While pursuing a renegade Maquis vessel, the Federation
starship Voyager is flung into the far-distant Delta
Quadrant. The Starfleet and Maquis crews are forced to work
together to find a way home. Unless they can discover a wormhole
or some similar shortcut, the journey could take them over
70 years to complete...
me make one thing clear right away: though I am a huge fan
of the Star Trek franchise in general, I don't consider
Voyager to be one of its better incarnations. I would
rank it under Deep Space Nine, The Next Generation
and the original series.
Whereas Deep Space Nine boasted excellent characters
such as Odo, Quark, Chief O'Brien, Dr Bashir and Major Kira,
Voyager gives us the underused Chakotay (Robert Beltran);
the underwritten Tom Paris (Robert Duncan McNeill), Harry
Kim (Garrett Wang) and Kes (Jennifer Lien); and the irritating
Neelix (Ethan Phillips)... though he is good when he plays
a more serious role, as in the post-holocaust episode Jetrel.
Tim Russ is OK as the Vulcan Tuvok, though he continually
walks in the shadow of Leonard Nimoy's Spock. Kate Mulgrew
as Captain Janeway is alternately aggressive and caring, assertive
and indecisive, with an annoying "do as I say, not as I do"
attitude, whereby she forbids others from violating Starfleet's
precious Prime Directive (in episodes such as Caretaker
and Prime Factors), but flouts it herself in later
seasons. The volatile half-Klingon B'Elanna Torres (Roxann
Dawson) is good, but do we really need another part-human
part-alien after Spock, Troi and Alexander?
The best character by far is the sardonic Emergency Medical
Hologram, beautifully portrayed by Robert Picardo.
disappointing aspect of this show is the way in which it sets
up ideas but then largely fails to follow them through. By
throwing Starfleet and Maquis crewmembers together, there
was a marvellous opportunity to inject some vital character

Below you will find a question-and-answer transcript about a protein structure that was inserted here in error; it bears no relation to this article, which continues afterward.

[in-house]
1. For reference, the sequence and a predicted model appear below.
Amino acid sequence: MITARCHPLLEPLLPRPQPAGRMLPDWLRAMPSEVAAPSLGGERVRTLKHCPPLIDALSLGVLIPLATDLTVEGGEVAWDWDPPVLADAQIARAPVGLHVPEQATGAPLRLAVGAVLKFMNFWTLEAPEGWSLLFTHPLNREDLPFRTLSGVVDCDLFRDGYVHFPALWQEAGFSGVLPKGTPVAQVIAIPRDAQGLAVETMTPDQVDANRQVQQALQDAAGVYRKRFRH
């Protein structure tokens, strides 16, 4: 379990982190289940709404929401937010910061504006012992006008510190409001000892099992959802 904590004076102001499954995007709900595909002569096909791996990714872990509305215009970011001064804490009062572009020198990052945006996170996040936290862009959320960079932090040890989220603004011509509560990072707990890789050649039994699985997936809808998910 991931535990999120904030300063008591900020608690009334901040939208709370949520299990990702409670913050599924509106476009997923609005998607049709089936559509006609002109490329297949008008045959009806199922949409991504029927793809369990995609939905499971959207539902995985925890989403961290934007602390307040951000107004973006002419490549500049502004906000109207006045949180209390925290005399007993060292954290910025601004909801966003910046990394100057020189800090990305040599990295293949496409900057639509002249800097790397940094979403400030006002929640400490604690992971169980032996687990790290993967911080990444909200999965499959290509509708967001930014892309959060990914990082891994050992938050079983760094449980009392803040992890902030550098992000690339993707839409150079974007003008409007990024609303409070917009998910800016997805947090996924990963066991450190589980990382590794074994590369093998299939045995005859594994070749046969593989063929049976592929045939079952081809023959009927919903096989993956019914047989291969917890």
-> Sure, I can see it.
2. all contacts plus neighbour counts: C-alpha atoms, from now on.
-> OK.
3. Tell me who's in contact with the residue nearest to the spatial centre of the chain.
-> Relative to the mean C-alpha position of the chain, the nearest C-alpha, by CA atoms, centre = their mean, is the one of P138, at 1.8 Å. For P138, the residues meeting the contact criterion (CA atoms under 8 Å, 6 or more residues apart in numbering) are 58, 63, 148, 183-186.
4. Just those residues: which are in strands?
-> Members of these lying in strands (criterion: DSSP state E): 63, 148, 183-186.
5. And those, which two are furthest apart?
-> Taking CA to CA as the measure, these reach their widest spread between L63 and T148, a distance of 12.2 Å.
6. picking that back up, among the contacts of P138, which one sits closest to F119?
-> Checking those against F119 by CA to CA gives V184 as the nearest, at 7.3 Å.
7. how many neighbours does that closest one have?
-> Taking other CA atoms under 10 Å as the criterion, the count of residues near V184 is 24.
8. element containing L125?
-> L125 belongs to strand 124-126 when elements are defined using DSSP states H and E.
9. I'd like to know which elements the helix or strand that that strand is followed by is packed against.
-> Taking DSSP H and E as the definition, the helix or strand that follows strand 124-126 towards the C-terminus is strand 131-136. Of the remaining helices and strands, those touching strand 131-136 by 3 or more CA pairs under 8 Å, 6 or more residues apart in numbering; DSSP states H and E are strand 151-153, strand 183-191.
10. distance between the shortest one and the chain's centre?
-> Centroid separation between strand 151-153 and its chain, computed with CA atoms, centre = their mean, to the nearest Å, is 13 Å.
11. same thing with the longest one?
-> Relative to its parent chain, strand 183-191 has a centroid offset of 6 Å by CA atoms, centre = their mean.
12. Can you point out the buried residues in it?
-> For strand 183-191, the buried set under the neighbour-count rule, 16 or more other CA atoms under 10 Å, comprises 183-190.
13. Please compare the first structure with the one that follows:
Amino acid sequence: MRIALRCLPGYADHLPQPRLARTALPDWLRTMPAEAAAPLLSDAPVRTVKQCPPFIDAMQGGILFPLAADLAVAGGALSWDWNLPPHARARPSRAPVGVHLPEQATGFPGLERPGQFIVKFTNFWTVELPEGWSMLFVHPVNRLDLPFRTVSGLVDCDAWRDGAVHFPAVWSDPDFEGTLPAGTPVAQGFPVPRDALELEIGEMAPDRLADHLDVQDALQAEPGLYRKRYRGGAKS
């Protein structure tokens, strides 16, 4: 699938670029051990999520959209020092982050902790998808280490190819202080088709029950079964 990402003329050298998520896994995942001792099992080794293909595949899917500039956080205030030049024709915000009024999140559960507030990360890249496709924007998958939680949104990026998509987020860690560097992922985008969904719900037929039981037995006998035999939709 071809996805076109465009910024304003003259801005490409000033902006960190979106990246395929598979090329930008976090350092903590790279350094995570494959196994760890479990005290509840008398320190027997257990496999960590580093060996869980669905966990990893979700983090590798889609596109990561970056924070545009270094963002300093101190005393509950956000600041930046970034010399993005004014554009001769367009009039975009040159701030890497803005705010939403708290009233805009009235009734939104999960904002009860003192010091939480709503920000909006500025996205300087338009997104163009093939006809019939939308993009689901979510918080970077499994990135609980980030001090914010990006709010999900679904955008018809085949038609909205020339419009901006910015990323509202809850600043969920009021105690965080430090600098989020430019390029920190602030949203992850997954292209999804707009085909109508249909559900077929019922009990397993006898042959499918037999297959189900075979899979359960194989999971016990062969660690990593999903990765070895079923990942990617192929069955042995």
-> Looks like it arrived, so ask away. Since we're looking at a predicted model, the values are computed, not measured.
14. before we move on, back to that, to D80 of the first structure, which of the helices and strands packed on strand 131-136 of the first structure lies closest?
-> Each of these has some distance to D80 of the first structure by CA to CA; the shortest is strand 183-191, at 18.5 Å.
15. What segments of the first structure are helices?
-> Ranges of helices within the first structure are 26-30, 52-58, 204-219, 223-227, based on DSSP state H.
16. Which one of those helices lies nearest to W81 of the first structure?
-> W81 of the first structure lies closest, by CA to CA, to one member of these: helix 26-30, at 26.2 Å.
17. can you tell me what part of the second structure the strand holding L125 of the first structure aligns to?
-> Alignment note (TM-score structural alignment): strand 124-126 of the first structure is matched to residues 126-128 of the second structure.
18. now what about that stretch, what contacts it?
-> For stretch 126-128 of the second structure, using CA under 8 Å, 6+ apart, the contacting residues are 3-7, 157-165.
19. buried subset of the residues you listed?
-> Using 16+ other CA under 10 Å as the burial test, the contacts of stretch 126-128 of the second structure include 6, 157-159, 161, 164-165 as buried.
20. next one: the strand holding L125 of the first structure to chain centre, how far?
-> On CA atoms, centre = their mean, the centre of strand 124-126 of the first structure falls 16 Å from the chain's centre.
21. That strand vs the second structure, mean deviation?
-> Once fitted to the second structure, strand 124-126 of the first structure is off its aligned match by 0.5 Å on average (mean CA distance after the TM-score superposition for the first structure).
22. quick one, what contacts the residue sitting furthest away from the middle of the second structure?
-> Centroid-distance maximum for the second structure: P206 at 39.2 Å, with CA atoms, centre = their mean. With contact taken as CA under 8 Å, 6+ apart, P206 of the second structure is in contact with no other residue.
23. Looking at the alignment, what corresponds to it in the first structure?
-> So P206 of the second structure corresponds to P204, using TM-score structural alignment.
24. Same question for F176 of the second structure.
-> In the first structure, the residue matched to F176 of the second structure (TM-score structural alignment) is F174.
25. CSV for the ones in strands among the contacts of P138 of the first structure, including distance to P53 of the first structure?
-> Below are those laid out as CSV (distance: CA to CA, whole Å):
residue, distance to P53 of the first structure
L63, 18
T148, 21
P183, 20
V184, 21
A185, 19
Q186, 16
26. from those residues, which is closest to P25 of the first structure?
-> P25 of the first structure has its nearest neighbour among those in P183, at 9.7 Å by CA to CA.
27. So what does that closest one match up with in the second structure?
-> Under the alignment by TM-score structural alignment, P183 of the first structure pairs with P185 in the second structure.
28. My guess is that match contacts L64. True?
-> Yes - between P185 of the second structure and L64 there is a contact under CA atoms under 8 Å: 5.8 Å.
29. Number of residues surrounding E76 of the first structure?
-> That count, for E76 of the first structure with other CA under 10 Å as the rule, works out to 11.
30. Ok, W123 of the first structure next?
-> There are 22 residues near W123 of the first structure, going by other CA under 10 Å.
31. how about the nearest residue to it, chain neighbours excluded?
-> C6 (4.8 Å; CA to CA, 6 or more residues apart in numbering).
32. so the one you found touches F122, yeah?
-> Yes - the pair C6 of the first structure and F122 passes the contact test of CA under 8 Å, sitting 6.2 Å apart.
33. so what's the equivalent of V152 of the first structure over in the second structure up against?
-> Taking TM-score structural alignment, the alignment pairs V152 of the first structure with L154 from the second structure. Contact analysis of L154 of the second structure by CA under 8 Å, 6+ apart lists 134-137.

conflict, something in which The Next Generation was
sadly lacking, but which Deep Space Nine successfully
pulled off with its combination of Starfleet and non-Starfleet
personnel. However, character clashes in the first season
of Voyager are few and far between, only really becoming
an issue in the excellent State of Flux.
we are rarely given any indication that this crew is roughing
it out in the Delta Quadrant. We hear them paying lip service
to their short supplies and the quality of Neelix's cooking,
but the ship usually looks totally spic and span, and the
crew well fed and well turned out. Say what you like about
Lost in Space, but at least that show gave us a real
sense that the Robinson family faced the threat of starvation.
Furthermore, given that the ship is stranded in a distant
and hitherto unexplored region of space, you might expect
the aliens they encounter to be a little more, well, alien.
However, for the most part we get the usual brand of lumpy-headed
species, such as the Kazon (in Caretaker and State
of Flux), the Baneans (in Ex Post Facto) and the
Haakonians (in Jetrel). Even worse, the aliens in Time
and Again and Prime Factors look completely human.
On the plus side, the episodes Phage and Faces
give us those wonderfully gruesome organ hunters, the Vidiians.
episodes are basic twists on old ideas from as long ago as
the original Star Trek. Phage does Spock's
Brain with Neelix's lungs, while Faces splits Torres
into aggressive and passive halves, a la The Enemy Within.
The Cloud is a rehash of TNG's Galaxy's Child,